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Old 06-03-2019, 12:46 PM
 
4,715 posts, read 1,723,451 times
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Quote:
Originally Posted by markjames68 View Post
My view is that this bill was designed as a "shot across the bow" intended to gain conservative favor (and Kemp proving his "commitment" to his base) while privately understanding it WILL be declared unconstitutional - and therefore struck down from being enforced - at least as-is. I can't believe that the lawyers involved in drafting it felt it would be successful.

The point however, is to bring it to the Supreme Court for their say, which unless they hear one of the other cases first, they will definitely want to consider.
I get why the bill was designed, but I also believe it's quite presumptious to think a Supreme Court with a conservative majority (and this is assuming the balance doesn't change to a stronger conservative majority) won't overturn Roe vs. Wade and deem Georgia's bill constitutional.

And even if they did uphold Roe vs. Wade and strike down Georgia's bill, I would be surprised if the case were heard before 1/1/2020, when the bill takes effect.

 
Old 06-03-2019, 12:51 PM
 
Location: Columbus, GA
948 posts, read 426,074 times
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Quote:
Originally Posted by citidata18 View Post
I would be surprised if the case were heard before 1/1/2020, when the bill takes effect.

To make its way to the SC it would likely be blocked and found unConstitutional by multiple lower courts.

The Miss. state law wasn't supposed to go into effect until midsummer and it's already been blocked by a Federal judge.
 
Old 06-03-2019, 12:55 PM
 
1,497 posts, read 981,244 times
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What JeyHey said. The bill would be blocked immediately. It would only go into effect if SCOTUS overturned Roe V Wade
 
Old 06-03-2019, 01:03 PM
 
1,326 posts, read 1,945,087 times
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Quote:
Originally Posted by citidata18 View Post
I get why the bill was designed, but I also believe it's quite presumptious to think a Supreme Court with a conservative majority (and this is assuming the balance doesn't change to a stronger conservative majority) won't overturn Roe vs. Wade and deem Georgia's bill constitutional.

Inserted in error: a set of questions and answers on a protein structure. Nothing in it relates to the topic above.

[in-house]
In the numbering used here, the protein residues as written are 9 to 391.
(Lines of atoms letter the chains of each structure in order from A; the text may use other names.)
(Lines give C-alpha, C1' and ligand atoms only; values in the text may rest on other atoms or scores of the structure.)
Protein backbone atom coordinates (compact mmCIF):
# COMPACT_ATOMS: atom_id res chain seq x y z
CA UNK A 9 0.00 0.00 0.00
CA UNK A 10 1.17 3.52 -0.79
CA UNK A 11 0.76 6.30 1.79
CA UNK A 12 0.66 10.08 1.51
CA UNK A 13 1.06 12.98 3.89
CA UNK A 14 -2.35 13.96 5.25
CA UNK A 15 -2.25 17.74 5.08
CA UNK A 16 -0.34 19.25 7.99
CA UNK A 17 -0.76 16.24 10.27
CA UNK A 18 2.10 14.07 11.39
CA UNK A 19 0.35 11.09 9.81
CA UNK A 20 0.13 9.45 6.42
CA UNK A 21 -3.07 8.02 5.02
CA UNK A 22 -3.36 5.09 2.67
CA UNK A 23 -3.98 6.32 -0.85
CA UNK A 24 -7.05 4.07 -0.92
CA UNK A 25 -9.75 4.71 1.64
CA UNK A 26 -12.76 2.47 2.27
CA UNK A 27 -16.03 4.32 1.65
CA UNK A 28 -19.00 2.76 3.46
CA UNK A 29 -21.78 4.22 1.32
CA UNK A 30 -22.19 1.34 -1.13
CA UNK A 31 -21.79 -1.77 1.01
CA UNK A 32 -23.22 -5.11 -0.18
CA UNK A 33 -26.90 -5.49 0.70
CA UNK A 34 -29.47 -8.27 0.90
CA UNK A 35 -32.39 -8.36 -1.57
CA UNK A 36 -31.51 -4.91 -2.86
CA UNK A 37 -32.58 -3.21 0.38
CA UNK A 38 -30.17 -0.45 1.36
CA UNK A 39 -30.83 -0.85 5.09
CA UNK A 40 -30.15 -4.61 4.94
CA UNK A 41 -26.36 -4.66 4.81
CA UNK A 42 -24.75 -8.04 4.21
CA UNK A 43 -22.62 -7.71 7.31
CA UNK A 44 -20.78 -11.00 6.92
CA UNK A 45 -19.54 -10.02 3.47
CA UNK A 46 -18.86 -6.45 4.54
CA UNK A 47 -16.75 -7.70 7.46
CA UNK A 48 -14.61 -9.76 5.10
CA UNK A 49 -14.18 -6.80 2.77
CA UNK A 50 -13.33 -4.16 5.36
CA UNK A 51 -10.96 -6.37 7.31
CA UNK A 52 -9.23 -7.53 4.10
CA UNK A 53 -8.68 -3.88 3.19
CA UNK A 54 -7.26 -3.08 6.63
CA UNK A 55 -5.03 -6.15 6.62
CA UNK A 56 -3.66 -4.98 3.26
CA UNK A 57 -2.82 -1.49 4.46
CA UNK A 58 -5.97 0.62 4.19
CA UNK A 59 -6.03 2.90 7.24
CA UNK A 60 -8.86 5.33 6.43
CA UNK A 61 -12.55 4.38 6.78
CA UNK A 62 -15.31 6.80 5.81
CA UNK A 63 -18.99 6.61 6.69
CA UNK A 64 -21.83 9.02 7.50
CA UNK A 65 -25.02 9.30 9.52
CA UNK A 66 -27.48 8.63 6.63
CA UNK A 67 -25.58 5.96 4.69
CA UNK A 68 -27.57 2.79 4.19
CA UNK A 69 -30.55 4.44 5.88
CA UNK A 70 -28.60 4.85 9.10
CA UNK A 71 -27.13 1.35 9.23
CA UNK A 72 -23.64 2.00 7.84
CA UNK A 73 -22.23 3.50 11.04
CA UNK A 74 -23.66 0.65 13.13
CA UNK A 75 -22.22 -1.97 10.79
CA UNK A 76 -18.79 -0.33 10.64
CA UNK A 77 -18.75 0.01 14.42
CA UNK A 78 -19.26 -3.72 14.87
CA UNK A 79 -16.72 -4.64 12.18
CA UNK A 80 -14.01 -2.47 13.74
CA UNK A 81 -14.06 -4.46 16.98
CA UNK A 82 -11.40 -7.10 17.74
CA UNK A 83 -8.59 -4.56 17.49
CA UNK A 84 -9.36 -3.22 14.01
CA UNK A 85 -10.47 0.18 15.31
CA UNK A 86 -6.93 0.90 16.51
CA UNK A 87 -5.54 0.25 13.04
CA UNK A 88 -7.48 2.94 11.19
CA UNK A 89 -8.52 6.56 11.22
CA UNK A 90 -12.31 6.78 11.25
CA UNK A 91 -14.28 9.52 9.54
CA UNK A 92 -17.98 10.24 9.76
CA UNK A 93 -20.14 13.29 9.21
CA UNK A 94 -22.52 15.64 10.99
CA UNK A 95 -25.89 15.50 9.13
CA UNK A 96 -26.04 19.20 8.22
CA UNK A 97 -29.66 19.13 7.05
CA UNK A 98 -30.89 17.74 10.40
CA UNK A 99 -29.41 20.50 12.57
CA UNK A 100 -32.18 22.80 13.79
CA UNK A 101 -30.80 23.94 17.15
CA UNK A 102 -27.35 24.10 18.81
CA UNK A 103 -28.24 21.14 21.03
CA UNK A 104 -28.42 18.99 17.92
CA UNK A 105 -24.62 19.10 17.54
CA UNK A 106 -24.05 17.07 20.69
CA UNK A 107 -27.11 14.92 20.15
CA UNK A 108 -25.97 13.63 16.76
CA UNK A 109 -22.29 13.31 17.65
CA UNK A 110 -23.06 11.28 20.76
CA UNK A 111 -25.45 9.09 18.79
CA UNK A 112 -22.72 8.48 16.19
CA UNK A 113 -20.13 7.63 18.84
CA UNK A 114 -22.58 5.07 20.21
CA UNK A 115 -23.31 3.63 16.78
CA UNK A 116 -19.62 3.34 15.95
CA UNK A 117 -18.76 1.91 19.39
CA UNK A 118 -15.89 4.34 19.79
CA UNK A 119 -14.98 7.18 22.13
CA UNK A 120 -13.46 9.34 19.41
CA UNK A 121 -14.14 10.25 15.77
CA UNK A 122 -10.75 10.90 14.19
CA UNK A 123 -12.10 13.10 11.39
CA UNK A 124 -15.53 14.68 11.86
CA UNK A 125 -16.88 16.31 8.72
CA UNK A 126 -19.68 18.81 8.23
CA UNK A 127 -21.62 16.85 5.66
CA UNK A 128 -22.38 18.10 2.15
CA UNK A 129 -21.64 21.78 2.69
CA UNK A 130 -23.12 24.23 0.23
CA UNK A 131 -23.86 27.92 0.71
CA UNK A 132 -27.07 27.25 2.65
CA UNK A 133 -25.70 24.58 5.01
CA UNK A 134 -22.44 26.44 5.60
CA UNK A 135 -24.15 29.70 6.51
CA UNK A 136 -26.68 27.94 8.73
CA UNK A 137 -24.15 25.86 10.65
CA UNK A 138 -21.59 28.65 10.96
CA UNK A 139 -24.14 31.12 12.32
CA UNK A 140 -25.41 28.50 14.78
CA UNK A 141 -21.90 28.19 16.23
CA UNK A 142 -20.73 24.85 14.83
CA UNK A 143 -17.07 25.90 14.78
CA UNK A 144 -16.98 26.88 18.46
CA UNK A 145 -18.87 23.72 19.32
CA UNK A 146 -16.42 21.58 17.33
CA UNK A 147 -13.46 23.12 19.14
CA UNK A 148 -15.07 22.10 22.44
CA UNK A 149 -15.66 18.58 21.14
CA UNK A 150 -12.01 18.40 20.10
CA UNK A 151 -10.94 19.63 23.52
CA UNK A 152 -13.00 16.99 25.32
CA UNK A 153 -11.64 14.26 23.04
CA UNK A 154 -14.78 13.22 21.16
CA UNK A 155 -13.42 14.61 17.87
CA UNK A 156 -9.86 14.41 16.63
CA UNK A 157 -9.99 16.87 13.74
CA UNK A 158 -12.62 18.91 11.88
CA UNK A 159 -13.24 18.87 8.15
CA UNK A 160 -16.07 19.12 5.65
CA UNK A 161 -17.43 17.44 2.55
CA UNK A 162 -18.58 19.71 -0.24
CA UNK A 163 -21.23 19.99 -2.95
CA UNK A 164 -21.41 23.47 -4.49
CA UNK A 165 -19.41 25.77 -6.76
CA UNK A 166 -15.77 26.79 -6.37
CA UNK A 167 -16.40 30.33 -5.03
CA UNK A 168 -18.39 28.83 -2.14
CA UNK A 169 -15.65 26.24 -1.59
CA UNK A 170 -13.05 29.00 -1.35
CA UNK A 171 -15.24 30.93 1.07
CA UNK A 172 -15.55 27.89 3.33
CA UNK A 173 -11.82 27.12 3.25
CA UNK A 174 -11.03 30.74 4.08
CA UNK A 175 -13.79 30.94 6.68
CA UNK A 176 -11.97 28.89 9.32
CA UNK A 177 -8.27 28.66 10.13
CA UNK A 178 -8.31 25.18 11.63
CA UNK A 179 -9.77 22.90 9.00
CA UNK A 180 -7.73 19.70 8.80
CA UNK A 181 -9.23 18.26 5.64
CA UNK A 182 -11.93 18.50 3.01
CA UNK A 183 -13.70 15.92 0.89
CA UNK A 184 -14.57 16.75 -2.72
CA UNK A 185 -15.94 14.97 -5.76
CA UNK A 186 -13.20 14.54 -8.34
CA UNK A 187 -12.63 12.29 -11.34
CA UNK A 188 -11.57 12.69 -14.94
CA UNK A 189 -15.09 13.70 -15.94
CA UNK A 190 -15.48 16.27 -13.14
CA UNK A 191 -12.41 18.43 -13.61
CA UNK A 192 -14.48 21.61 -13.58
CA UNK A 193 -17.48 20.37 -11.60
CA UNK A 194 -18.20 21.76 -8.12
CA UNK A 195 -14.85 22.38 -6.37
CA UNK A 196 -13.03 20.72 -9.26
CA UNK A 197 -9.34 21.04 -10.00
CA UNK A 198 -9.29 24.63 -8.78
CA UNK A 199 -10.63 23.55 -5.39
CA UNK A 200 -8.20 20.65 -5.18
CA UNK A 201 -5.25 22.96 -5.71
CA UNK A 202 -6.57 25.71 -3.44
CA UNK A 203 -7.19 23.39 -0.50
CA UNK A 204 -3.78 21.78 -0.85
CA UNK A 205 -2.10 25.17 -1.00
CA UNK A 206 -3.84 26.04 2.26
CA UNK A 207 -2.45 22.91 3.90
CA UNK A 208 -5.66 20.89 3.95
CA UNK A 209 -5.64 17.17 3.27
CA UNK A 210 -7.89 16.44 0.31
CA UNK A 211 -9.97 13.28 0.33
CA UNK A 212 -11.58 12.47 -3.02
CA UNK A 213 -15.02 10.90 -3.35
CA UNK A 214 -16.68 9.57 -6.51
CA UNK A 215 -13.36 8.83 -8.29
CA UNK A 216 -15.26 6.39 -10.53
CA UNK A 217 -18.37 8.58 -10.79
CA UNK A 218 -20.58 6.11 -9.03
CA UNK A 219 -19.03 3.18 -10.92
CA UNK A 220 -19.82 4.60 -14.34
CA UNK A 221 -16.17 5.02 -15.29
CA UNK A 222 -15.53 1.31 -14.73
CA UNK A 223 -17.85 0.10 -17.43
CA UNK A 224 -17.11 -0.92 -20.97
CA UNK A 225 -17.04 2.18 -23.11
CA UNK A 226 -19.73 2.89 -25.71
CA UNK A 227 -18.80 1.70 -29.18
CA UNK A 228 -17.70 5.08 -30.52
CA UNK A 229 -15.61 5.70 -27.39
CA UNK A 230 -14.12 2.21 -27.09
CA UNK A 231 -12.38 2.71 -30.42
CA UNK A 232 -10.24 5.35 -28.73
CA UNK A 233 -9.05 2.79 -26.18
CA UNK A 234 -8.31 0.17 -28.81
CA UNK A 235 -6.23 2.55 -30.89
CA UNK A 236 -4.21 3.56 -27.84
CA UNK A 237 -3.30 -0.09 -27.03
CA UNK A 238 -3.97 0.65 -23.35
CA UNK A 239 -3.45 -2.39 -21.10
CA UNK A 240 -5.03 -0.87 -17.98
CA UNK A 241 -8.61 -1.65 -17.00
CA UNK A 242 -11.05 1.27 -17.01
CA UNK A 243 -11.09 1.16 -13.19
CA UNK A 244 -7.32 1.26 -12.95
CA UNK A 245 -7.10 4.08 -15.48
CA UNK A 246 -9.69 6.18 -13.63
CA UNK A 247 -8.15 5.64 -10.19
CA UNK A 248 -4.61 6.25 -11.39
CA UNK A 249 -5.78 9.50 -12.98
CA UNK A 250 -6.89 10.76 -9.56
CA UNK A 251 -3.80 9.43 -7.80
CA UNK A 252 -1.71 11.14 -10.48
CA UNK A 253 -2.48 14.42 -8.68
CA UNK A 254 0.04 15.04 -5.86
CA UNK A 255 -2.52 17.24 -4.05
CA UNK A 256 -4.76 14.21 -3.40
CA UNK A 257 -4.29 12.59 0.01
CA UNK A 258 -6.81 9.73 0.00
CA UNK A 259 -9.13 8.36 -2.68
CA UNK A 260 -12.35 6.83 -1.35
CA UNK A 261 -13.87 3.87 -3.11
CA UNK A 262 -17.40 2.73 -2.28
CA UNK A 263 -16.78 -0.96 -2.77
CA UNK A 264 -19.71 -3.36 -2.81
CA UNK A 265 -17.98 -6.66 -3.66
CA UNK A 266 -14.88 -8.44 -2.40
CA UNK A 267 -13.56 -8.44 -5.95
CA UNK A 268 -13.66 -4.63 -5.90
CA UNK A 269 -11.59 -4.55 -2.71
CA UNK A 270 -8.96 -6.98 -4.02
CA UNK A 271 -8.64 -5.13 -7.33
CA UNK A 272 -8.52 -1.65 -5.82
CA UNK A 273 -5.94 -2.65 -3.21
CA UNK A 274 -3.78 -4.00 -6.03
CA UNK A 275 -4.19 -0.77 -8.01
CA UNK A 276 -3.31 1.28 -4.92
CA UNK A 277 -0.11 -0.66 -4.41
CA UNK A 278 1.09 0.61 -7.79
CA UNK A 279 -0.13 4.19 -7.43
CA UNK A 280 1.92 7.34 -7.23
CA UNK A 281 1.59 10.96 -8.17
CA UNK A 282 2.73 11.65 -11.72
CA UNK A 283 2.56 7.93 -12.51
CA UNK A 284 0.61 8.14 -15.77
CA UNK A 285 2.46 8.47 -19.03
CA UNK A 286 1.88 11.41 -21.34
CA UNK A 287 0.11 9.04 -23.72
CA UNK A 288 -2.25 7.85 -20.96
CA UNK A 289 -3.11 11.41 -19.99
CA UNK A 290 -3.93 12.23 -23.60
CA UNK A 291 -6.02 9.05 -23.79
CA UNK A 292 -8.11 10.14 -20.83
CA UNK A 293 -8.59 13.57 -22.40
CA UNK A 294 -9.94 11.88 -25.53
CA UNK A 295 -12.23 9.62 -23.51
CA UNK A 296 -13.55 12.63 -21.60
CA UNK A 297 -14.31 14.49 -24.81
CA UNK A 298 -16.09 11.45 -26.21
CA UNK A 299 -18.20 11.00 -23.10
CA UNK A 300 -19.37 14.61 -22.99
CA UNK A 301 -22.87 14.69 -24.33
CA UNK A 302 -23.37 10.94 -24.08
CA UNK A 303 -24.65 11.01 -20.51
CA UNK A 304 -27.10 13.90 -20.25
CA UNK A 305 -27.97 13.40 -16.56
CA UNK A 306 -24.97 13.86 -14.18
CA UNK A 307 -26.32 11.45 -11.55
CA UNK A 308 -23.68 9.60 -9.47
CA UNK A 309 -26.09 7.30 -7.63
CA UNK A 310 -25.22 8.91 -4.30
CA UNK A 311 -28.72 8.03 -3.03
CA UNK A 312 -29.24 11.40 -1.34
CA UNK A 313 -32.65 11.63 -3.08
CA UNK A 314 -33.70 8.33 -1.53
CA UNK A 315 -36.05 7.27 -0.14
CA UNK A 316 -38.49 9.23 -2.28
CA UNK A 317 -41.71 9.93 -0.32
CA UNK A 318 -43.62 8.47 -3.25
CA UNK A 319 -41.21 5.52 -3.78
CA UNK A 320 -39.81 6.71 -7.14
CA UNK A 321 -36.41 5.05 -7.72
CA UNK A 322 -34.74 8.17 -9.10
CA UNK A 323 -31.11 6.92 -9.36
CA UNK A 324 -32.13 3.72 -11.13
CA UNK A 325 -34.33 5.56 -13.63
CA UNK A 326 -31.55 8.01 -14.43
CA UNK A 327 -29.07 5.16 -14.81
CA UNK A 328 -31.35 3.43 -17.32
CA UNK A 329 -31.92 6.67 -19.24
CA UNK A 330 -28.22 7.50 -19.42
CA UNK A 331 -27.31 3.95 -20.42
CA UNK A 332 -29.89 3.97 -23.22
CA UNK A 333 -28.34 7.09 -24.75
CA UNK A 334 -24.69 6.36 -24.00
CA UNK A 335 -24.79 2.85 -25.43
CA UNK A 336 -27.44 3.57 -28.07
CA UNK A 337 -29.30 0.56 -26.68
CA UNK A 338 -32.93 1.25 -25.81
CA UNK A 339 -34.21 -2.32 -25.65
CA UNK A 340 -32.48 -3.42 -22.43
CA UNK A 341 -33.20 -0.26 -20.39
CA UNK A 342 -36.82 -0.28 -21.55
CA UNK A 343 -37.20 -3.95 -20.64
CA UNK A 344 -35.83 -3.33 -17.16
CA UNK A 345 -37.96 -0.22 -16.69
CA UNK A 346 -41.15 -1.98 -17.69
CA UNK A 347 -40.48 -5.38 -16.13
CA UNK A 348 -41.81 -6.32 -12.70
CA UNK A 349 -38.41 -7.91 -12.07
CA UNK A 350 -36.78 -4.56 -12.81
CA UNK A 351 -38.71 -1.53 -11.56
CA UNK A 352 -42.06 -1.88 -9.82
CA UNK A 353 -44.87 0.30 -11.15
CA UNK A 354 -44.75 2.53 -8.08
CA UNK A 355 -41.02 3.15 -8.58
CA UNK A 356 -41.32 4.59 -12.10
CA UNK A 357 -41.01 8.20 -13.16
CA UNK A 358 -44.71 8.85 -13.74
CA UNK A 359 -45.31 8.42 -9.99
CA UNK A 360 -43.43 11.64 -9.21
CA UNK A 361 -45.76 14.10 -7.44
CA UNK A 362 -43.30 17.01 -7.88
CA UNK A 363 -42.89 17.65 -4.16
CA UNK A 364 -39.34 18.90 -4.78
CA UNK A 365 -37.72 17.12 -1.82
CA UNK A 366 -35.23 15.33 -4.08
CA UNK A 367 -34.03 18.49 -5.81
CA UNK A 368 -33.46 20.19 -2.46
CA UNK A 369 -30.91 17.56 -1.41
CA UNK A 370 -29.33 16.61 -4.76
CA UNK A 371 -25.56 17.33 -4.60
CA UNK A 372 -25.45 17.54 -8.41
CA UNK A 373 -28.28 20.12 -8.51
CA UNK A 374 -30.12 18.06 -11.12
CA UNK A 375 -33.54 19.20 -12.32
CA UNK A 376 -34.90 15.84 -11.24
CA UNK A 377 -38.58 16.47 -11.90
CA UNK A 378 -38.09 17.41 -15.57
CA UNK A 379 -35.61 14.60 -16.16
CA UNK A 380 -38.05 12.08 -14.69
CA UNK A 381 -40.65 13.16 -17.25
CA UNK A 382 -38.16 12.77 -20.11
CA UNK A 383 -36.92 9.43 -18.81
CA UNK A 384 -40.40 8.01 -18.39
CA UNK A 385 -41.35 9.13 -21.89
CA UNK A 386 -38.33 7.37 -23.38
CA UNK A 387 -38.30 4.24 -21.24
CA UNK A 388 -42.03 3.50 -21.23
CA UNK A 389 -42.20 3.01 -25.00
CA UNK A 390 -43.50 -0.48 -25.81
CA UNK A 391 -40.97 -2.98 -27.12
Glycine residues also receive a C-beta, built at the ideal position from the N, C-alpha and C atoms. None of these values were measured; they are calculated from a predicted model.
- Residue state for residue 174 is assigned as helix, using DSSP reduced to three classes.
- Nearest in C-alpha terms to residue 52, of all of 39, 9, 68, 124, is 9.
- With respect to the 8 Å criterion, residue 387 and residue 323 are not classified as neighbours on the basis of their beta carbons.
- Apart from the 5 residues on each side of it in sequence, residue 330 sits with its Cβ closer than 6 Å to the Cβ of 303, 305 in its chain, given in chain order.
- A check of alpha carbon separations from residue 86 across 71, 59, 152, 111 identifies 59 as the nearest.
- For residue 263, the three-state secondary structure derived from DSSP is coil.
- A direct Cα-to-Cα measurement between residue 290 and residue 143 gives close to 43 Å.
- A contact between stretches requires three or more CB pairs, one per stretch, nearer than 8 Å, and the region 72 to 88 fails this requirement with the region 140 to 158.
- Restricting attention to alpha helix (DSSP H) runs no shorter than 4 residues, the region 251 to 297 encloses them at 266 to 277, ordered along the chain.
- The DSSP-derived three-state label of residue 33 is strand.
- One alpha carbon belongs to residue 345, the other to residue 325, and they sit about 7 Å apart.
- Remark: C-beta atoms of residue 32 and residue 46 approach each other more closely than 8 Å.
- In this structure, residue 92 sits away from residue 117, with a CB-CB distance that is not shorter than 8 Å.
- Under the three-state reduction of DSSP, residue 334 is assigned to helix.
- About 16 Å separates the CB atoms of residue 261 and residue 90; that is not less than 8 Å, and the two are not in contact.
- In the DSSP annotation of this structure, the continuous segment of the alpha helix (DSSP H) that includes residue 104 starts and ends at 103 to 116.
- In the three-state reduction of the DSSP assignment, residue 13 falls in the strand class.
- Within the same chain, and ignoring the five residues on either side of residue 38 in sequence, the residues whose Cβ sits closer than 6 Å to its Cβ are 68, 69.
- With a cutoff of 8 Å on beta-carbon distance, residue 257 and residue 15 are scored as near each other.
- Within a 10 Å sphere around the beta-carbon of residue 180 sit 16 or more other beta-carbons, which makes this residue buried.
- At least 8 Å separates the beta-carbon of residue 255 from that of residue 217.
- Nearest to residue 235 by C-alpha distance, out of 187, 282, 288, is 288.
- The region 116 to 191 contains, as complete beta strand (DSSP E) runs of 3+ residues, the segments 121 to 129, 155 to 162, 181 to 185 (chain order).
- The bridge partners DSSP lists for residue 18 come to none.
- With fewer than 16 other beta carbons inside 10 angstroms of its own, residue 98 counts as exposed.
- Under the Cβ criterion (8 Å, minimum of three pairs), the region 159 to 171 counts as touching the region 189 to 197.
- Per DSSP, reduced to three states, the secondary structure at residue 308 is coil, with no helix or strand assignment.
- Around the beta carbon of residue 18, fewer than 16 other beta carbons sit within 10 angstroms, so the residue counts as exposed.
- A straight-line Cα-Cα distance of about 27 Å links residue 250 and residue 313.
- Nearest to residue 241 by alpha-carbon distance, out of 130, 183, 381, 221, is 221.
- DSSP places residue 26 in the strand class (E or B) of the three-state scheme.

And even if they did uphold Roe vs. Wade and strike down Georgia's bill, I would be surprised if the case were heard before 1/1/2020, when the bill takes effect.
Very risky either way, they're playing with fire. Even if the bill never goes to law they've created a ton of negative publicity and caused an embarrassment for the state that may have businesses and many women rethink any kind of investment or relocation to the state for the future.
 
Old 06-03-2019, 01:23 PM
 
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Quote:
Originally Posted by Huntsville_secede View Post
Very risky either way, they're playing with fire. Even if the bill never goes to law they've created a ton of negative publicity and caused an embarrassment for the state that may have businesses and many women rethink any kind of investment or relocation to the state for the future.
Exactly.

It's frustrating that peope are willing to ruin the economic prosperity of their local area and the state over a petty culture war they have a significant chance of losing.
 
Old 06-03-2019, 02:11 PM
 
4,715 posts, read 1,723,451 times
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Quote:
Originally Posted by JayHey View Post
To make its way to the SC it would likely be blocked and found unConstitutional by multiple lower courts.

The Miss. state law wasn't supposed to go into effect until midsummer and it's already been blocked by a Federal judge.
It depends on whether the lower courts issue a stay on their decision. That's what happened when a Texas judge ruled that Obamacare was unconstitutional (thus Obamacare is still in effect).